There may be other ports that should be filtered depending on your policy. Because of the variety of firewall implementations, I cannot discuss everything that should be audited with respect to firewalls, but several principles hold true regardless of the implementation:

  • pay attention to ports and services configured

  • disable all nonessential services and programs

  • remove all nonessential drivers from kernel

  • remember the firewall is just the front door, other services (modems) may allow entrance from a side door

    Document Your Findings

    Once you have completed the investigative phase of the audit, you must document the results of your findings. This documentation should comprise both what is working well and what is broken. By summarizing your successes, you validate that your investment in security development and training is paying off. You must also document where your findings differ from your policy. Because of the sensitive nature of an audit report, the initial distribution should be limited to management only, and then only on a need to know basis. All copies should be numbered and signed for. Your audit may have uncovered serious policy violation or even criminal activity. In this case, management must decide how best to handle the incident. Your security policy should also have a section dealing with incident response. After the initial report has been review with management, action items can be assigned to the various support staff and system administrators to perform corrective action. The audit report should never be stored electronically on a system without some type of strong encryption. All hard copies of the audit report should also be kept secure. Over time, as you perform more audits, your previous audit reports will provide valuable information on how to improve policies and procedures.


    The key to maintaining a secure computing environment is consistency. By being consistent in how you implement security on your hosts, network, and physical environment, in conjunction with regular audits to catch the inconsistencies, you can greatly reduce your risk of a security-related incident. Remember that audits should not be a substitute for regular review of your log files and keeping track of who is accessing your network services. An active review of log files on a daily or weekly basis will allow you to detect unauthorized activity long before a scheduled audit.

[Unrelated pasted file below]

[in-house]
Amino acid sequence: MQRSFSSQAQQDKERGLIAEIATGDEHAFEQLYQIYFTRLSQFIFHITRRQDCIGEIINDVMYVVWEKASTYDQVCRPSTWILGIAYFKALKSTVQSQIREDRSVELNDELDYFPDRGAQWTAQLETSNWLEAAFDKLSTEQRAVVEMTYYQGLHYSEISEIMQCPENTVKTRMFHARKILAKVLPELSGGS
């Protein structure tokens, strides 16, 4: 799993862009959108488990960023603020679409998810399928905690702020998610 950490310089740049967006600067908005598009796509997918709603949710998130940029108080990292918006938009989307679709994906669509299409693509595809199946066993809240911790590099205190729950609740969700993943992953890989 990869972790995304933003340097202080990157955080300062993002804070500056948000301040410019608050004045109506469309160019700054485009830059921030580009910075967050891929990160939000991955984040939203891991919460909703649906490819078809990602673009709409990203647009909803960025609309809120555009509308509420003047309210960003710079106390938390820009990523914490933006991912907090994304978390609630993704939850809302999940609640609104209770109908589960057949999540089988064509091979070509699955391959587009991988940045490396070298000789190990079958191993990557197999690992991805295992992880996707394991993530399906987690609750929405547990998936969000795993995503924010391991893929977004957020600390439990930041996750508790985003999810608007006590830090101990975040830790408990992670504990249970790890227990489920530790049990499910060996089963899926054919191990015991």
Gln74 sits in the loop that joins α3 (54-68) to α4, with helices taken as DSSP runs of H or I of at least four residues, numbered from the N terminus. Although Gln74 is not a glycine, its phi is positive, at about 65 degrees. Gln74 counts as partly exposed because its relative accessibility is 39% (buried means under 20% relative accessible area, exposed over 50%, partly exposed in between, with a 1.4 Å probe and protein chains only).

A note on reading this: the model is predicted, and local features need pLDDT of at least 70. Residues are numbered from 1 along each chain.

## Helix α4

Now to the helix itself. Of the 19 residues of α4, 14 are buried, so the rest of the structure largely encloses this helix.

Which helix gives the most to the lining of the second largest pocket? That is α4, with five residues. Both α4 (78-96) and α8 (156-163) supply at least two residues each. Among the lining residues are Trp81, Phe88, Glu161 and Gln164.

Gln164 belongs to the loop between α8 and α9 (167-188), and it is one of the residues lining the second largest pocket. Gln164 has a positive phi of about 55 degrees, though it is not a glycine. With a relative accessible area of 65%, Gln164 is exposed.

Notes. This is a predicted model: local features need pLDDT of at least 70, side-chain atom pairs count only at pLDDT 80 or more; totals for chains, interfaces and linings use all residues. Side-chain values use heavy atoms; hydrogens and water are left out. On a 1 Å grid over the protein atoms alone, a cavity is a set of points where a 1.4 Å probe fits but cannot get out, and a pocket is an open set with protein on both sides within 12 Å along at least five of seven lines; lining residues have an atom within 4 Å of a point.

Garfinkel, S. and Spafford, G. 1996. Practical UNIX and Internet Security, pp. 167-168. O'Reilly & Associates, Sebastopol, CA.

    Bernstein, T., Bhimani, A., Schultz, E., and Siegel, C. 1996. Internet Security For Business, pp. 77-82. John Wiley & Sons.

    Wood, C.C. 1996. Information Security Policies Made Easy. Baseline Software.

    Site Security Policy Handbook Working Group, 1991. Site Security Handbook. RFC 1244, Internet Engineering Task Force.

    Pipkin, D.L. 1997. Halting the Hacker, pp. 88-90. Prentice Hall.

    Wietse, V., and Farmer, D. 1996. Security Auditing & Risk Analysis. Internet.

    About the Author

    Jack Maynard is a systems software engineer for Hewlett-Packard Co. in Seattle Washington, where he specializes in Internet and network security. Jack can be reached via email at